‘If you’re an aspiring screenwriter, you must watch movies, but you need to do more than that. You must also read movies as well.
If you want to be a screenwriter, you need to watch every movie twice and then read the screenplay. The reason for this is simple.
The first time you watch a movie, just sit back and allow yourself to enjoy it. If the movie sucks, then you can amuse yourself trying to analyze what went wrong, but if the movie is good, just experience it for what it offers.
For example, if you’re watching a movie like “Transformers,” just let yourself enjoy what the film is trying to make you feel. Lose yourself in the story and action. A movie like “Transformers” may not be considered Best Picture material, but it does what it sets out to do, which is to show as much skin on Megan Fox as possible while showing special effects robots beating the crap out of each other. That’s what people want to see and that’s exactly what you’re going to get.
For your own movie, decide what the audience wants to see. If you’re writing an action film, ask yourself what type of action do people want to see and how much of it they want to see. Nothing’s more disappointing than a movie that promises action or horror or comedy, but then only gives out bits and pieces without giving you what you thought you were going to get.
I remember watching “Signs,” the movie where space aliens leave crop circles and torment Mel Gibson. I expected a horror film that would creep me out. Instead, I wound up watching a silly movie about aliens that fear water, yet decide to invade a planet loaded with the very stuff they fear that could kill them. Then a super intelligent alien gets beaten up by a guy with a baseball bat. That type of crap isn’t what I thought I was going to see, but that’s what I got. Despite its box office success, to me, “Signs” is a huge failure.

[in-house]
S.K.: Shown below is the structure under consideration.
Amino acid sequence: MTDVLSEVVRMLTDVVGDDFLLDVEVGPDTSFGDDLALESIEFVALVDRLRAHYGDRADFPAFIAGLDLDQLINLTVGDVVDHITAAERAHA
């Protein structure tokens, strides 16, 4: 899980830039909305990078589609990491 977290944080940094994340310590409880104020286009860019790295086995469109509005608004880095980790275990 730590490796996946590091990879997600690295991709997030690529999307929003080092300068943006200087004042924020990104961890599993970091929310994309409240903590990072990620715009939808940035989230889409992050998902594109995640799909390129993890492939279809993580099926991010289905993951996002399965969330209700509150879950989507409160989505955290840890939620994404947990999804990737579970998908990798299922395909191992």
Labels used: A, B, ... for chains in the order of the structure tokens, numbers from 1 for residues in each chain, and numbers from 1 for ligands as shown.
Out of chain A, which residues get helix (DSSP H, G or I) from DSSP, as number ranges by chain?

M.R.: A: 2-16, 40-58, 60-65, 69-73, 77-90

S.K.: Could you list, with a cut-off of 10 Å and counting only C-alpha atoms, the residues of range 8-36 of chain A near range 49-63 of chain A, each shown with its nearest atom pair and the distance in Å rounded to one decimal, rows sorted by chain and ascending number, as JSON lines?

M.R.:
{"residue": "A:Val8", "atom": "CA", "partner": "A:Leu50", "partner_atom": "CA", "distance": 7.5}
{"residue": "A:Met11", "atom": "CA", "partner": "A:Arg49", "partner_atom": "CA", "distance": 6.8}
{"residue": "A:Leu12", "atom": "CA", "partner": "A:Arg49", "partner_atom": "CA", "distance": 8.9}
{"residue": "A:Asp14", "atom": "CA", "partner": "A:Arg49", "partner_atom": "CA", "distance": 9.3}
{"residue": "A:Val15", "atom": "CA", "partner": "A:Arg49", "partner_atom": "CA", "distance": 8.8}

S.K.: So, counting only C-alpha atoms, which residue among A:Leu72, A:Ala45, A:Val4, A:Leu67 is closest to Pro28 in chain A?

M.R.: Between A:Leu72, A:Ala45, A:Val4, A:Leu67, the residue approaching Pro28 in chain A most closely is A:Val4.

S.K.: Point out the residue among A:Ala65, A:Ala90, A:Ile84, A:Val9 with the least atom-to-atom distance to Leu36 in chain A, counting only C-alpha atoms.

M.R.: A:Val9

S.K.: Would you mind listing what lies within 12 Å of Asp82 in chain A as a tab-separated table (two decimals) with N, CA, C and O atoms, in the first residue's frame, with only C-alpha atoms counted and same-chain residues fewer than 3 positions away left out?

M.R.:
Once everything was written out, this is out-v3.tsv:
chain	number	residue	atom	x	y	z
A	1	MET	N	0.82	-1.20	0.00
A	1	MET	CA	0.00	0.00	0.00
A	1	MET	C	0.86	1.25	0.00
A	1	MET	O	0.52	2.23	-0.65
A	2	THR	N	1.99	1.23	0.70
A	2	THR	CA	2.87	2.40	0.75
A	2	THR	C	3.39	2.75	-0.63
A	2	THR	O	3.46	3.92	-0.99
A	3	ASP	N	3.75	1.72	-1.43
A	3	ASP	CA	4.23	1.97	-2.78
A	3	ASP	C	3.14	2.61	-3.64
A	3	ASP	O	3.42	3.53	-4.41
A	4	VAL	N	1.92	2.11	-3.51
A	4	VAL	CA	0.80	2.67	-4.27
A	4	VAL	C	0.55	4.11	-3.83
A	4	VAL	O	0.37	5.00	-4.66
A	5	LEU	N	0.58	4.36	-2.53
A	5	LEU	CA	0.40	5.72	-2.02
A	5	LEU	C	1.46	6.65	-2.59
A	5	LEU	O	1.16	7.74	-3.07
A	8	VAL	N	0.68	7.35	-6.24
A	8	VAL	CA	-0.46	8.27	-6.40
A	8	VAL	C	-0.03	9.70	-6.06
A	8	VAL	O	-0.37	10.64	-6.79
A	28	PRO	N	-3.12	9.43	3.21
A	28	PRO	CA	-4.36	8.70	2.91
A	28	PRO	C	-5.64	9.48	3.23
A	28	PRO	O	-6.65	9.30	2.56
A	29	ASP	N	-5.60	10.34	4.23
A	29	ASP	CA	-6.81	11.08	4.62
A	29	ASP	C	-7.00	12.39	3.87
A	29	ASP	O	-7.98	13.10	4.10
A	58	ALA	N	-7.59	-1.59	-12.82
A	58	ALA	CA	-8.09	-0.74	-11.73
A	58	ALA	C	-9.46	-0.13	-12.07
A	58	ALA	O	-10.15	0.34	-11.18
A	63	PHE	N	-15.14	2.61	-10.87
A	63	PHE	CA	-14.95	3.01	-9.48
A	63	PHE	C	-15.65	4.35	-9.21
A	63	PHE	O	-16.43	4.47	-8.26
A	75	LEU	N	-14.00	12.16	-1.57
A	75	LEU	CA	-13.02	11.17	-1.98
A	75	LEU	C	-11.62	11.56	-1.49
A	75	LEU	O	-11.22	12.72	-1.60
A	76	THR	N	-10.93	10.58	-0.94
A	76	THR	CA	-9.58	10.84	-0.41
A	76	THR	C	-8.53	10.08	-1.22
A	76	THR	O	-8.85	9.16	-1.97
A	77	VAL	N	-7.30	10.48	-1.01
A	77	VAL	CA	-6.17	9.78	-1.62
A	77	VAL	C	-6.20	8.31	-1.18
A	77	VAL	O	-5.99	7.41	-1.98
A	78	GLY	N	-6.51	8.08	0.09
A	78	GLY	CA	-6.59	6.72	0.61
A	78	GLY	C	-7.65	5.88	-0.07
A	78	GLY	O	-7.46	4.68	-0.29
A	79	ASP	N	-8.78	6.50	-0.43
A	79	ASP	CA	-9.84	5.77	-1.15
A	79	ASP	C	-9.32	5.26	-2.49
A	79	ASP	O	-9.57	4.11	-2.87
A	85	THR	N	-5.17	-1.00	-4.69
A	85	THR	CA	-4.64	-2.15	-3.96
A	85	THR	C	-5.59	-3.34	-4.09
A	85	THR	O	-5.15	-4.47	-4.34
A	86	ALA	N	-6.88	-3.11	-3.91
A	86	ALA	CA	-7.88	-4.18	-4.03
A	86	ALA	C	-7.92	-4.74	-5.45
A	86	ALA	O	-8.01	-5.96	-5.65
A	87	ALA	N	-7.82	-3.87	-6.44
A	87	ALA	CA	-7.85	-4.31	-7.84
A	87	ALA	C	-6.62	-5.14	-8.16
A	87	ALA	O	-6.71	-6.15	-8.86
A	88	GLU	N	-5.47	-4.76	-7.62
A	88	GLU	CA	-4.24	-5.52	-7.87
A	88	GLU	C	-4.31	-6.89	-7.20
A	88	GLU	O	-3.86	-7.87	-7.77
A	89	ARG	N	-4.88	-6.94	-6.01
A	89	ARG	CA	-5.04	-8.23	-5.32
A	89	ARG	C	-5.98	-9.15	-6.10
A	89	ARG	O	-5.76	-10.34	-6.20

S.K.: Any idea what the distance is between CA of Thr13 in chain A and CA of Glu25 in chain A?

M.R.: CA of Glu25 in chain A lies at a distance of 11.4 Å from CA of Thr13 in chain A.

After you determine if a movie gives you the emotional rollercoaster that you thought you were going to get, watch it a second time and this time analyze it. Ask yourself what’s the inciting incident that starts the story going? Who’s the main character, what are his (or her goals), and why do you personally care about that person?
In the first 15 minutes, how does the movie show the hero’s typical day? In the second 15 minutes, what new event intrudes into the hero’s world and what major event sends the hero into another world to start Act II?
In Act II, what does the hero learn that later helps him achieve a goal later on? What False Victory does the hero achieve at the halfway point of the movie? How does the villain take control in the second half of Act II? What major event sets up the hero’s battle with the villain to start Act III?
In Act III, how does the hero get closer to the villain? How does the hero confront the villain? My favorite stupid moment of all time is when Sandra Bullock in “The Net,” defeats the villain by hitting him with a fire extinguisher, which obviously has nothing to do with the theme of the movie “The Net” as being a computer-related adventure. The alien getting hit by a baseball bat in “Signs” is my second favorite stupid moment of all time.
By studying a movie a second time, you can see the structure for how that movie succeeded (or failed) to get you involved with the hero or made you despise the villain. If necessary, see it a third or fourth time so you can see hat you missed the first or second time.
Finally, read the script. On the Internet, there are actual scripts and transcripts, which is basically what somebody wrote down while watching the movie. Get the actual script so you can see how the structure of a screenplay translated into the actual film.
You’ll see where scenes were cut, changed, rearranged, or shortened. This can teach you what’s really important and what isn’t. For example in “Star Trek,” there was supposed to be a scene where the villain gets kidnapped by Klingons and escapes from the prison to come back and capture Spock. Obviously this massive detour had nothing to do with the main characters of the movie, so the director wisely left these scenes out. By studying what works and what doesn’t work in a film, you can better decide how your screenplay might work.
So watch a movie once for enjoyment, a second time to study it, and read the script to see how it was put together. The more you understand how screenplays get turned into movies, the better you’ll be able to write your own screenplay one day.